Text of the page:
By Jenny Neyman
The list reads like the syllabus of a class on great works of 20th-centruy literature: “The Great Gatsby,” by F. Scott Fitzgerald, “The Catcher in the Rye,” by J.D. Salinger, “The Grapes of Wrath,” by John Steinbeck, “To Kill a Mockingbird,” by Harper Lee, and “The Color Purple,” by Alice Walker.
But it’s not. Along with being universally acclaimed masterworks of English writing, these books also are the top-five most banned and challenged classic books, as tracked by the American Library Association’s Office of Intellectual Freedom.
And it’s not just classics that have ruffled puritanical feathers. Every year the OIF compiles reports from libraries across the country on further attempts at censorship, and releases an annual list of the top 10 ban-requested books. The 2013 list comes from 307 challenges reported to the OIF, though it’s estimated that many ban requests don’t get reported. The list includes the “Captain Underpants” series of young-adult books, by Dav Pilkey, and “The Hunger Games,” by Suzanne Collins. In 2012, out of 464 reported challenges, the list included “The Kite Runner,” by Khaled Hosseini, and in 2011, out of 326 reported challenges, “My Mom’s Having A Baby! A Kid’s Month-by-Month Guide to Pregnancy,” by Dori Hillestad Butler, made the top-10 list.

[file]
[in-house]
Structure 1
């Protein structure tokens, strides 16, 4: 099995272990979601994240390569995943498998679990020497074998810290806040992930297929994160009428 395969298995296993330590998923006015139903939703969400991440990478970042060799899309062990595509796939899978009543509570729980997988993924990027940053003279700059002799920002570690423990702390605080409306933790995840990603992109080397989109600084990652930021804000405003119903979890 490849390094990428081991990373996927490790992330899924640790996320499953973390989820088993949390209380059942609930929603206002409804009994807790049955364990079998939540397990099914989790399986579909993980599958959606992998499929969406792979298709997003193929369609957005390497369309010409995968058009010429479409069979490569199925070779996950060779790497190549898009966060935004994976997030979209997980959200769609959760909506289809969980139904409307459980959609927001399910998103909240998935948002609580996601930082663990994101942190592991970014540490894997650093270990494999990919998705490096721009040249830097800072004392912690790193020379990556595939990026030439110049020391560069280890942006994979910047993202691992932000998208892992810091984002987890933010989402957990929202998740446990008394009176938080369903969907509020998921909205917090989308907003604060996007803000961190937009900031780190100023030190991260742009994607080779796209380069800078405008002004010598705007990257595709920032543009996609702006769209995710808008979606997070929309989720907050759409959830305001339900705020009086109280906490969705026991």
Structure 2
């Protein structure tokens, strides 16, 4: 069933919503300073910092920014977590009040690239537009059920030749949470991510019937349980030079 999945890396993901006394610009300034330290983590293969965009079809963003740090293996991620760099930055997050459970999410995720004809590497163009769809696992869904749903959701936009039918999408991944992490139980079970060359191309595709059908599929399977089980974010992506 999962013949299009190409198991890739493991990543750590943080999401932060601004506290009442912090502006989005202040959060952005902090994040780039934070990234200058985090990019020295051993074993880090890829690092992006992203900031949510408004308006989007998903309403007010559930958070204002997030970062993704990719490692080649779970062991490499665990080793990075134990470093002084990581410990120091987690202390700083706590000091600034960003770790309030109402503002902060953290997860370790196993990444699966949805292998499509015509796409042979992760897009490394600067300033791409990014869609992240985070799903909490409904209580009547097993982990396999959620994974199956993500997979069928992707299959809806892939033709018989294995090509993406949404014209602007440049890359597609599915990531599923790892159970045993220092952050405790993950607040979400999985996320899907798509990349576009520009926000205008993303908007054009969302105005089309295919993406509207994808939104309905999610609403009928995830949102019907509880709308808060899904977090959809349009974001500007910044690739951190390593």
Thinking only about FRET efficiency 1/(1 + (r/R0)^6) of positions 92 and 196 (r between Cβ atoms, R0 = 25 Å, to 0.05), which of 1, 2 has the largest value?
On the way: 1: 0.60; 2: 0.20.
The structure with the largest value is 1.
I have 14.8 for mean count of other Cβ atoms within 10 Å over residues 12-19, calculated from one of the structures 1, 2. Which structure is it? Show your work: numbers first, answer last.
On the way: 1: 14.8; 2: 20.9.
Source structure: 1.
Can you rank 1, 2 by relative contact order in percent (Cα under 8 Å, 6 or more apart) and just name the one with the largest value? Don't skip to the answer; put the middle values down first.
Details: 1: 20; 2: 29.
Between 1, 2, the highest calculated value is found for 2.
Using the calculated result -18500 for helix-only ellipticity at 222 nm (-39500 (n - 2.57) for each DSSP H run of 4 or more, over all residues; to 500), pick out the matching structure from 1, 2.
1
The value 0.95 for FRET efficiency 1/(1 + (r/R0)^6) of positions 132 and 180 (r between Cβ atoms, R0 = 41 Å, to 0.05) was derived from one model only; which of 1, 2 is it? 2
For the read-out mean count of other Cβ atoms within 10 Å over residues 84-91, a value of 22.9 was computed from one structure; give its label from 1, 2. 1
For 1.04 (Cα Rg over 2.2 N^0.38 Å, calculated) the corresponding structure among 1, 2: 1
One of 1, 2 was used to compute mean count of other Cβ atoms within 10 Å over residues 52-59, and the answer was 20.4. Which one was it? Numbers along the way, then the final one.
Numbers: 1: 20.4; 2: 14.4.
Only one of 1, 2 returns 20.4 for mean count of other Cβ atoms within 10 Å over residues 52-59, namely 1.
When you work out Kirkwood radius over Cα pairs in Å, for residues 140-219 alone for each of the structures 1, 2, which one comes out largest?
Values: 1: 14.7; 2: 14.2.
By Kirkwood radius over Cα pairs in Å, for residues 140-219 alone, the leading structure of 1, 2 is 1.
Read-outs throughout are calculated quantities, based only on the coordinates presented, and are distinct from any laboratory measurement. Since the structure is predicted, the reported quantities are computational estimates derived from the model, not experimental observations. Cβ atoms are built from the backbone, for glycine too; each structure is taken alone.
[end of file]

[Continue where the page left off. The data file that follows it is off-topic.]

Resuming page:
That’s not to say the books were banned, only that they were requested to be removed from circulation. It takes more than a complaint about a book being “sexually explicit” or “unsuited to age group,” or containing “offensive language,” “violence” or “homosexuality” — as are the most-frequently cited complaints in ban requests — to change a public library’s stance on intellectual freedom.
As the ALA’s Library Bill of Rights stipulates, “Books and other library resources should be provided for the interest, information, and enlightenment of all people of the community the library serves. … Libraries should provide materials and information presenting all points of view on current and historical issues. … (And) libraries should challenge censorship in the fulfillment of their responsibility to provide information and enlightenment.”
“Public libraries do not censor. We try to provide something for everybody, from all walks of life,” said Rachel Nash, director of the Soldotna Public Library. “We live in a society where we have voters. It’s really important that they’re able to go somewhere and learn about information for free, somewhere where the collection won’t be biased and the people won’t be biased. So that’s really what we try to do, and that’s good for all levels, from kids all the way up to adults.”
Not only do they not censor, they celebrate the lack of censorship, as the Kenai Community Library is doing this week in participating in National Banned Books Week, observed Sept. 21 through 27. Monday through Friday this week the library will hold a free movie screening, complete with popcorn and drinks, of a movie made from a banned book.
“To celebrate our freedom to read whatever we want we’re showing movies that are based on books that have been banned in the past,” said Ryanna Thurman, library assistant for information technology.